Bronchoscopy is often the initial diagnostic procedure performed in patients with pulmonary lesions suspicious for lung cancer. A bronchial genomic classifier was previously validated to identify patients at low risk for lung cancer after an inconclusive bronchoscopy. In this study, we evaluate the potential of the classifier to reduce invasive procedure utilization in patients with suspected lung cancer.
In two multicenter trials of patients undergoing bronchoscopy for suspected lung cancer, the classifier was measured in normal appearing bronchial epithelial cells from a mainstem bronchus. Among patients with low and intermediate pretest probability of cancer (n=222), subsequent invasive procedures following an inconclusive bronchoscopy were identified. Estimates of the classifier’s ability to reduce unnecessary procedures were calculated.
Of the 222 patients, 188 (85%) had an inconclusive bronchoscopy and follow-up procedure data available for analysis. Seventy-seven (41%) patients underwent an additional 99 additional invasive procedures, which included surgical lung biopsy in 40 (52%) patients. Benign and malignant disease were ultimately diagnosed in 62 (81%) and 15 (19%) patients, respectively. Among those undergoing surgical biopsy, 20 (50%) were performed in patients with benign disease. Were the classifier used to guide decision making, procedures could have been avoided in 50% (21 of 42) of patients undergoing further invasive testing. Further, among 35 patients with an inconclusive index bronchoscopy that were diagnosed with lung cancer, the sensitivity of the classifier was 89%, with 4 (11%) patients having a falsely negative classifier result.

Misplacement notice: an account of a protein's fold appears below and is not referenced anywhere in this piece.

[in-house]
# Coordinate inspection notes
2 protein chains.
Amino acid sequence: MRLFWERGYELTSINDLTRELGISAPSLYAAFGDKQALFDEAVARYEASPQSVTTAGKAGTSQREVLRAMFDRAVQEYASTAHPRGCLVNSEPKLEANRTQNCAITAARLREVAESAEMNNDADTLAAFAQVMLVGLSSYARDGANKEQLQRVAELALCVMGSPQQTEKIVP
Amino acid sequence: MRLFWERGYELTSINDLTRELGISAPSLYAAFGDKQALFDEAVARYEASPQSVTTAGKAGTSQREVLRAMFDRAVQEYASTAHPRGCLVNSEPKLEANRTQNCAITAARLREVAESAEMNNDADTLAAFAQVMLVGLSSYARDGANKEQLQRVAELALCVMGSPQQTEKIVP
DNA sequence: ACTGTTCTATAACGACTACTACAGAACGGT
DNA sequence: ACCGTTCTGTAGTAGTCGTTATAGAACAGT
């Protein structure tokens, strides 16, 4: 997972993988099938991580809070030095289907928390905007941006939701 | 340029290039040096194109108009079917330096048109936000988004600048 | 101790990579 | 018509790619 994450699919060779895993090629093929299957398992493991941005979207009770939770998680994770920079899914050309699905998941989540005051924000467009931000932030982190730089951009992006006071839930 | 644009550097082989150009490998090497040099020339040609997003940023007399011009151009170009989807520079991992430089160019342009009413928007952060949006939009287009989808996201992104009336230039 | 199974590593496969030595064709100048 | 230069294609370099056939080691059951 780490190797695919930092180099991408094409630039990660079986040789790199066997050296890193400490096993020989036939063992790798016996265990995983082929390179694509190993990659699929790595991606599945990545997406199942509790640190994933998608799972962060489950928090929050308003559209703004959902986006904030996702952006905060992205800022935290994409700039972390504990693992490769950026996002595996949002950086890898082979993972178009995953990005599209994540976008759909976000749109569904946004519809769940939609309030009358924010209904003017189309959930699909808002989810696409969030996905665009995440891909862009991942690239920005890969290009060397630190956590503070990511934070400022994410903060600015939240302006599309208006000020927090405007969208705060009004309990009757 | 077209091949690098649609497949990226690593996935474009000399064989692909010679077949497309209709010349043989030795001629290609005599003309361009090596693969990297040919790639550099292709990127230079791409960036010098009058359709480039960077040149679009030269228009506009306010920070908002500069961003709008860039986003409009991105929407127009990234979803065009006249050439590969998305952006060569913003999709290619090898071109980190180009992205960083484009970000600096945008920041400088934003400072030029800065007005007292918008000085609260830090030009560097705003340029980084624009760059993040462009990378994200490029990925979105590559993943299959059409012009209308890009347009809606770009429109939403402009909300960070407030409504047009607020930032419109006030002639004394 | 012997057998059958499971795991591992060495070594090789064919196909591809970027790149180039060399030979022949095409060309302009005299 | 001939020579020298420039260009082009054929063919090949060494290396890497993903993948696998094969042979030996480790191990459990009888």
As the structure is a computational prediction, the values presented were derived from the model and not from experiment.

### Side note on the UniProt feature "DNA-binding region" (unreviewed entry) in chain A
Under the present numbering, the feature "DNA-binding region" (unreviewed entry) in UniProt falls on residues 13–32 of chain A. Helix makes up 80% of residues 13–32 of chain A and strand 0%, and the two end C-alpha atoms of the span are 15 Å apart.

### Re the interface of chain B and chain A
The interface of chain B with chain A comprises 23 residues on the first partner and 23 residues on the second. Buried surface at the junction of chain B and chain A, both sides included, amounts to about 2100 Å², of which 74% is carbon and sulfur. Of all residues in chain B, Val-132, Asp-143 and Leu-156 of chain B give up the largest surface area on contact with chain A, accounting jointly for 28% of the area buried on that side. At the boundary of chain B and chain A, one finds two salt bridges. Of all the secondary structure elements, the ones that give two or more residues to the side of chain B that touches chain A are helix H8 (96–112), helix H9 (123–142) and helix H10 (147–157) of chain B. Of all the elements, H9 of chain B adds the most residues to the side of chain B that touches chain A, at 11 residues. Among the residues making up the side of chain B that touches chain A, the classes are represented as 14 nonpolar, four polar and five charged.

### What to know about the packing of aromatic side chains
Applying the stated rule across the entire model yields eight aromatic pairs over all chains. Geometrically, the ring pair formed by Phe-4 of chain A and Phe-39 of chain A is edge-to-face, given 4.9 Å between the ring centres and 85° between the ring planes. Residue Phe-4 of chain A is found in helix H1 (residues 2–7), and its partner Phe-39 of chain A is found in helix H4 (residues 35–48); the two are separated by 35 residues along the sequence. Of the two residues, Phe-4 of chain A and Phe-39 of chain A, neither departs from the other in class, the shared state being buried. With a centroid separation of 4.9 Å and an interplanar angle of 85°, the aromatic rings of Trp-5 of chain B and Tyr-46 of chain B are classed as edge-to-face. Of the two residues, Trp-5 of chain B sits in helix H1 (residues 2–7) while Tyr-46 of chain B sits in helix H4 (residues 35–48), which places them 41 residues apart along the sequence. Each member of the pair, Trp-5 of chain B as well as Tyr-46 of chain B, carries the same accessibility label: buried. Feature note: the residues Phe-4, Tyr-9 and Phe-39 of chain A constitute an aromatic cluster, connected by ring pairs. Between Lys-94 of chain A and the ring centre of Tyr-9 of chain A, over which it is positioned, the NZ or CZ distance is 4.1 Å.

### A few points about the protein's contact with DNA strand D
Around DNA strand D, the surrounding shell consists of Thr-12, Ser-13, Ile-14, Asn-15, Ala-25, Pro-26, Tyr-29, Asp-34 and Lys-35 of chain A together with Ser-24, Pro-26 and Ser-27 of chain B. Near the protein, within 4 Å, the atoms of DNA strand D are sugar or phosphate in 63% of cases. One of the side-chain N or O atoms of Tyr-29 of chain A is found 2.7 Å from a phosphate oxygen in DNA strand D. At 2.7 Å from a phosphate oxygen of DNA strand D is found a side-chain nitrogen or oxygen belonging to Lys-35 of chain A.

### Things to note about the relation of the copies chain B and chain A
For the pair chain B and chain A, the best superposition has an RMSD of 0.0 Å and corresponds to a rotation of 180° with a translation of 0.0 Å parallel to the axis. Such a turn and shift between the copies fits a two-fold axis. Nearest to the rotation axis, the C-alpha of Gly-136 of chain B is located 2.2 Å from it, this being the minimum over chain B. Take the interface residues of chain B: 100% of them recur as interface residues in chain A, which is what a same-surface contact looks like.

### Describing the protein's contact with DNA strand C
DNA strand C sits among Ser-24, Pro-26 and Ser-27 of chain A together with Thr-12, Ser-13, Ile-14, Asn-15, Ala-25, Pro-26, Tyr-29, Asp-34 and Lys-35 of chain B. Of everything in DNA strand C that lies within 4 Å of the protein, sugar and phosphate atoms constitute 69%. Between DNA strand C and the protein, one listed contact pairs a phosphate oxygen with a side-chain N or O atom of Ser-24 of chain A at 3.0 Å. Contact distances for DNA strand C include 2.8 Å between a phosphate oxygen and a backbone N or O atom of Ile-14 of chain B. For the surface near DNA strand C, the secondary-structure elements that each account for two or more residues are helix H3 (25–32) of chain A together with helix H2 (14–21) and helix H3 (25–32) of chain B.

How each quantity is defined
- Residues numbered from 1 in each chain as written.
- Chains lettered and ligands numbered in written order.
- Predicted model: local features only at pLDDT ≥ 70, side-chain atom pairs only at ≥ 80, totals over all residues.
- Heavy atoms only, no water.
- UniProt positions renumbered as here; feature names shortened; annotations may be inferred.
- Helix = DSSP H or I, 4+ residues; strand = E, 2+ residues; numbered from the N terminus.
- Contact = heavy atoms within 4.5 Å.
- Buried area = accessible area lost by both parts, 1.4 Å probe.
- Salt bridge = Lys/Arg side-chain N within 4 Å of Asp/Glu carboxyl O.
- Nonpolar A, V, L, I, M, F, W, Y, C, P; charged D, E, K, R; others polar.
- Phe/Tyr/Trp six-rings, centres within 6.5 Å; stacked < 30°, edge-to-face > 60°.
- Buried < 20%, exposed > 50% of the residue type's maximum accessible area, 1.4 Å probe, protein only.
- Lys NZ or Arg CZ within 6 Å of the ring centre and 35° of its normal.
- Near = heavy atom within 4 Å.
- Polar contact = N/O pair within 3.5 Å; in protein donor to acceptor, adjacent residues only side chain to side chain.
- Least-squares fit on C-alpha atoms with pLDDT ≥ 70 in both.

Invasive procedures following an inconclusive bronchoscopy occur frequently and the majority are performed in patients ultimately diagnosed with benign disease. Using the genomic classifier as an adjunct to bronchoscopy may reduce the frequency and associated morbidity of these invasive procedures.